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Little Bats: A Big Deal
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July 2, 2018
Green Teacher

WHAT COMES TO mind when you or your students think of bats? Old movies and cartoons about vampires? Winged creatures swooping down from the sky, just to get tangled in your hair? Or do you think about one of Mother Nature’s most efficient bug zappers, helping to eliminate mosquitoes and other “pest” insects? No matter what your initial thoughts are, bats are vitally important to our ecosystems in North America and around the globe. Here you will find general information about these winged creatures, threats to them globally, and what we can do in our own classrooms (or backyards) to prevent their populations from declining further.

Three Widespread Species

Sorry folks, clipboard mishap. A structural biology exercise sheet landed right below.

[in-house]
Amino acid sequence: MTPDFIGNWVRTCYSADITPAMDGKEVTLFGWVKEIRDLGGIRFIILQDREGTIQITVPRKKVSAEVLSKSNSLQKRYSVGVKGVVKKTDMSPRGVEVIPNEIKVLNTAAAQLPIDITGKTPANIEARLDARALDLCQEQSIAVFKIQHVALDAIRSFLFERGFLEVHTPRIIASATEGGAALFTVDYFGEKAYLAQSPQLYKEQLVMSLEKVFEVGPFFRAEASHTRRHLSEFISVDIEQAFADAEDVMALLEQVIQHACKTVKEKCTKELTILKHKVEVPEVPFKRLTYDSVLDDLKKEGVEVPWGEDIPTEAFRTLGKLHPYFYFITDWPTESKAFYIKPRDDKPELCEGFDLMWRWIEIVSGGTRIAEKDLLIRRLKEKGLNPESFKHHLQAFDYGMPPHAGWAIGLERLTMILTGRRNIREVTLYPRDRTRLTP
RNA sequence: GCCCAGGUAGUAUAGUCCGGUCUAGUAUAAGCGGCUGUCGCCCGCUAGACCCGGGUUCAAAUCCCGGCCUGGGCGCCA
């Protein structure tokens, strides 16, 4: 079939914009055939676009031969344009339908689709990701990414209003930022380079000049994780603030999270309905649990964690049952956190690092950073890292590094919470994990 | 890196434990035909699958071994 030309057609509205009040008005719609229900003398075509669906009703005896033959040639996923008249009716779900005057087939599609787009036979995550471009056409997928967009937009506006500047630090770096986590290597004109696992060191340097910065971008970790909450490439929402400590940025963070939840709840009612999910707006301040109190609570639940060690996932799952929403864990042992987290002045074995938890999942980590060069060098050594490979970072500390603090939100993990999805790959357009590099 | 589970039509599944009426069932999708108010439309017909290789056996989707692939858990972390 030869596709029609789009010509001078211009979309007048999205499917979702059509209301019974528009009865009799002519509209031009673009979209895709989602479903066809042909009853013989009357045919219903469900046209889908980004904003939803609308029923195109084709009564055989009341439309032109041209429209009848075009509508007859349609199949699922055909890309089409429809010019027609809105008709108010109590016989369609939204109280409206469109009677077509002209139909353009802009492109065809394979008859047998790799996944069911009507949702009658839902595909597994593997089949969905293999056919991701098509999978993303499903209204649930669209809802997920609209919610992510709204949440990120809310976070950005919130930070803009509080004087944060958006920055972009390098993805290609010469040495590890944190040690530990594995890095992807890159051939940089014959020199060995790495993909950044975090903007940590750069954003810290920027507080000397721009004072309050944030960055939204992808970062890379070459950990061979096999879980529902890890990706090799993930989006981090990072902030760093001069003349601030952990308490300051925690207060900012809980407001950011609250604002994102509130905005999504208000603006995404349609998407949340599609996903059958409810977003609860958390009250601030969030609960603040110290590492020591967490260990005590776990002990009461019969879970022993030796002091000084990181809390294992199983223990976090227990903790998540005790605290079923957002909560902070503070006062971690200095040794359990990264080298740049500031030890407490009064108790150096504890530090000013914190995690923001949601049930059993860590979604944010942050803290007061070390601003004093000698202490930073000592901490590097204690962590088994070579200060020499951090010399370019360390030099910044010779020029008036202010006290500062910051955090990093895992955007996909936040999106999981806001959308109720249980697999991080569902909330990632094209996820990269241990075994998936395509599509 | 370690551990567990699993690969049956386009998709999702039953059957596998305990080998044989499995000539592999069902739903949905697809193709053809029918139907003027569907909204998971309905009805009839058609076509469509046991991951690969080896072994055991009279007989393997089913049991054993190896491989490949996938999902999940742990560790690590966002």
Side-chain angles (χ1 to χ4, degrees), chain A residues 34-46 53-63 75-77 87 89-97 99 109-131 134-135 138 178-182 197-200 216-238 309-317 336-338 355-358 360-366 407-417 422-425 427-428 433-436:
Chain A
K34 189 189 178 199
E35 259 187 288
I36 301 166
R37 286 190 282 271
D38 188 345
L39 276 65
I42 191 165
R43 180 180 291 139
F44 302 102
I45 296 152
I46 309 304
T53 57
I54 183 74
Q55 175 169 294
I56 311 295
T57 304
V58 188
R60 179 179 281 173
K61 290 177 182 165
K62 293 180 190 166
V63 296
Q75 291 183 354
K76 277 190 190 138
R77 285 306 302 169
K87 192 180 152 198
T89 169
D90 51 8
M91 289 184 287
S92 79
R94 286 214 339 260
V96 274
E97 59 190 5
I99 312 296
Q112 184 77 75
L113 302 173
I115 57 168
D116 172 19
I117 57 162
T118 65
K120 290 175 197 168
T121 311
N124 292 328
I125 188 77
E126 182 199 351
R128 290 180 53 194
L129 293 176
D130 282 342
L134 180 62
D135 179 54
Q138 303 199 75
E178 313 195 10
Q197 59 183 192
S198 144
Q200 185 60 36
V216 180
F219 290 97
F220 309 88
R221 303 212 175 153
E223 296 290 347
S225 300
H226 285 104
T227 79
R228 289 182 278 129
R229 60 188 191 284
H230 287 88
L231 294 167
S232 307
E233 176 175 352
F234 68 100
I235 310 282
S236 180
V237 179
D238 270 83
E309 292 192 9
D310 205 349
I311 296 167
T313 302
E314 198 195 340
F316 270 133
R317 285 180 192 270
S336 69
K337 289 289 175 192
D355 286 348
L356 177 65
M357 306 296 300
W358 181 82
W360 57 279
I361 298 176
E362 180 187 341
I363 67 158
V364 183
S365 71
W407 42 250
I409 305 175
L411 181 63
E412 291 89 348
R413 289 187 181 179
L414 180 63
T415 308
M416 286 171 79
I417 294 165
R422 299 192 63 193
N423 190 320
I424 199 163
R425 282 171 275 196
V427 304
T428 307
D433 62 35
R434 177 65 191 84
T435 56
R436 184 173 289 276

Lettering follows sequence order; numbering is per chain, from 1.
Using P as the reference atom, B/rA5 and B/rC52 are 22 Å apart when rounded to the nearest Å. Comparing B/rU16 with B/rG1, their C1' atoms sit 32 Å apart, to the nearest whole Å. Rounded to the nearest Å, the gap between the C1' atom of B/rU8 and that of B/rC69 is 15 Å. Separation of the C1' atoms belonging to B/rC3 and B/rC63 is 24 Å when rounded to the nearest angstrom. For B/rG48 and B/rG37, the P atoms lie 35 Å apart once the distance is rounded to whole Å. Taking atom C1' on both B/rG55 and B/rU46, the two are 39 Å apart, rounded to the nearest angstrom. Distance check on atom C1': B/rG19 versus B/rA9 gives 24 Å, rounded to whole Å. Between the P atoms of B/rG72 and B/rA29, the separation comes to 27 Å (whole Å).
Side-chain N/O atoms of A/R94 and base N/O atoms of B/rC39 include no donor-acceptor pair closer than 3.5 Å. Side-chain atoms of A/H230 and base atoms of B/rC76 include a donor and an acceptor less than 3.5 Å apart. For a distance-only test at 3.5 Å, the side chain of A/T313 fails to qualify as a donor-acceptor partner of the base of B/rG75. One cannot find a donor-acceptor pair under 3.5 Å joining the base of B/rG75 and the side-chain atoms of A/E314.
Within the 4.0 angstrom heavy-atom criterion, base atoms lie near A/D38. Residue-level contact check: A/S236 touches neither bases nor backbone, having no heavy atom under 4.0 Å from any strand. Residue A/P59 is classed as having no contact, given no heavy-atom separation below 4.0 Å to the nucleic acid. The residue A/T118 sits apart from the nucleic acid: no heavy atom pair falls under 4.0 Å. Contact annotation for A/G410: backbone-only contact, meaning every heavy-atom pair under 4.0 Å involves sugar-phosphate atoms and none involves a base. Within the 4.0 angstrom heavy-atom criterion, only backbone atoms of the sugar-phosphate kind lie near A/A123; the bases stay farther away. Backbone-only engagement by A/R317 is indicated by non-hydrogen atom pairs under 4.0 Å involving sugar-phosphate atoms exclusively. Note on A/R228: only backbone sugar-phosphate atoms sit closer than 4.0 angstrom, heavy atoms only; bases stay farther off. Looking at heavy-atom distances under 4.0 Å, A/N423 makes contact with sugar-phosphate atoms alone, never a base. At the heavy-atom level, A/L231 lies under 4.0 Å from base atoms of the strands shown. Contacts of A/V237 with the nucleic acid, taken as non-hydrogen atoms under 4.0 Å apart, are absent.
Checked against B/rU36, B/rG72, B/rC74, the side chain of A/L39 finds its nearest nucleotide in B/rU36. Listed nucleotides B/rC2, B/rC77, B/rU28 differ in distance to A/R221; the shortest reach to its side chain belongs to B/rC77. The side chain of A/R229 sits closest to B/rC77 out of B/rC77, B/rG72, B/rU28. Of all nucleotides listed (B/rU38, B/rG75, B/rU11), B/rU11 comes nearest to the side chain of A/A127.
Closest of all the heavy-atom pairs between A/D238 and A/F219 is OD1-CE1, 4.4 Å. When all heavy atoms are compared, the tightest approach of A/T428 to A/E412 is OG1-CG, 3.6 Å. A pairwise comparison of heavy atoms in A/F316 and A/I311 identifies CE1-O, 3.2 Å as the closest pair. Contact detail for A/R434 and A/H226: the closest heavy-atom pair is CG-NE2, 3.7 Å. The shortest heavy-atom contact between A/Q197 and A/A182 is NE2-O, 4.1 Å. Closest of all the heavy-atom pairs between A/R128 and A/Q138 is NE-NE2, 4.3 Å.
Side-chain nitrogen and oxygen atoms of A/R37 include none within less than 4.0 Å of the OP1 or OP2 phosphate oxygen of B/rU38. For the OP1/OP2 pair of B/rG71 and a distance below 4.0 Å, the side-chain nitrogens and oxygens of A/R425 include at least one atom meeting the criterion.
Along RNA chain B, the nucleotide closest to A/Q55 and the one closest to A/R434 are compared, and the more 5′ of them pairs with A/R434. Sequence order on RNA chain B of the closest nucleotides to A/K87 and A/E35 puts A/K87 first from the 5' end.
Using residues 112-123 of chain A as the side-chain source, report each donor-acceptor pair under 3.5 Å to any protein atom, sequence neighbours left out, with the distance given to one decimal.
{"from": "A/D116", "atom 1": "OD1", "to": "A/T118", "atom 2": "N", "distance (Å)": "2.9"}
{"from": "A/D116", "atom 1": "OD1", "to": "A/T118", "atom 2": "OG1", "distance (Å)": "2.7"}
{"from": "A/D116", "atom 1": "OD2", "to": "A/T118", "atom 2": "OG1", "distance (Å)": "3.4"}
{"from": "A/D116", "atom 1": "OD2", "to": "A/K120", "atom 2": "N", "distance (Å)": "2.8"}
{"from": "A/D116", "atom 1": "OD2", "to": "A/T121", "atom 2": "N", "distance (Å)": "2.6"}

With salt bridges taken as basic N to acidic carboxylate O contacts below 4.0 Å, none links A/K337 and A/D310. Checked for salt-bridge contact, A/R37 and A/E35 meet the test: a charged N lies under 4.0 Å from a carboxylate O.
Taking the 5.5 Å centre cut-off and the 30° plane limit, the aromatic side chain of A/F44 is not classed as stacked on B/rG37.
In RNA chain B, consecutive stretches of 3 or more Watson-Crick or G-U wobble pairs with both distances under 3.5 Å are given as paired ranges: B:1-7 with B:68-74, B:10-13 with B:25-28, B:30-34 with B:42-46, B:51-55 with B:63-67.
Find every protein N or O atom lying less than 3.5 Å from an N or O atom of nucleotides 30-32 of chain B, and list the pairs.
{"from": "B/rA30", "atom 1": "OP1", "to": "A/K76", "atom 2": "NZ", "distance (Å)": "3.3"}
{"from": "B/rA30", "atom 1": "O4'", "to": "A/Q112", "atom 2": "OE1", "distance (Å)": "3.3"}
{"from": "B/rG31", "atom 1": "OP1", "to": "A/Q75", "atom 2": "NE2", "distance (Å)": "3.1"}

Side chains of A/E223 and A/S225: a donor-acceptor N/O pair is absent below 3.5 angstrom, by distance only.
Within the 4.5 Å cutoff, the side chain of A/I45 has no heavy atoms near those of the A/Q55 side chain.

The little brown bat, or Myotis lucifugus, is one of the most geographically prevalent species of bat in North America: they are found from Alaska to Mexico, and are equally spread between the East and West Coasts. They roost (sleep) in a variety of places, such as trees, buildings, and under wood piles during their active months: mid-May through early September for northern populations and mid-March through early November for southern populations.2 However, they typically keep their day roosts and night roosts separate to deflect predators (like owls, hawks, snakes, and domestic cats) off their trails. During the winter months, they roost in caves or abandoned mines (referred to as hibernacula) in order to separate themselves from their other roosting sites.2 Little brown bats are insectivorous, and prefer insects with an aquatic life stage such as mosquitoes and mayflies. The bats will also consume midges, flies, gnats, wasps, and moths. Most bat species can eat up to half of their body weight in insects per night, and nursing females will actually consume their body weight — or more! — each night. These dietary preferences lead to their preferred roosting sites being wooded areas near water sources. 


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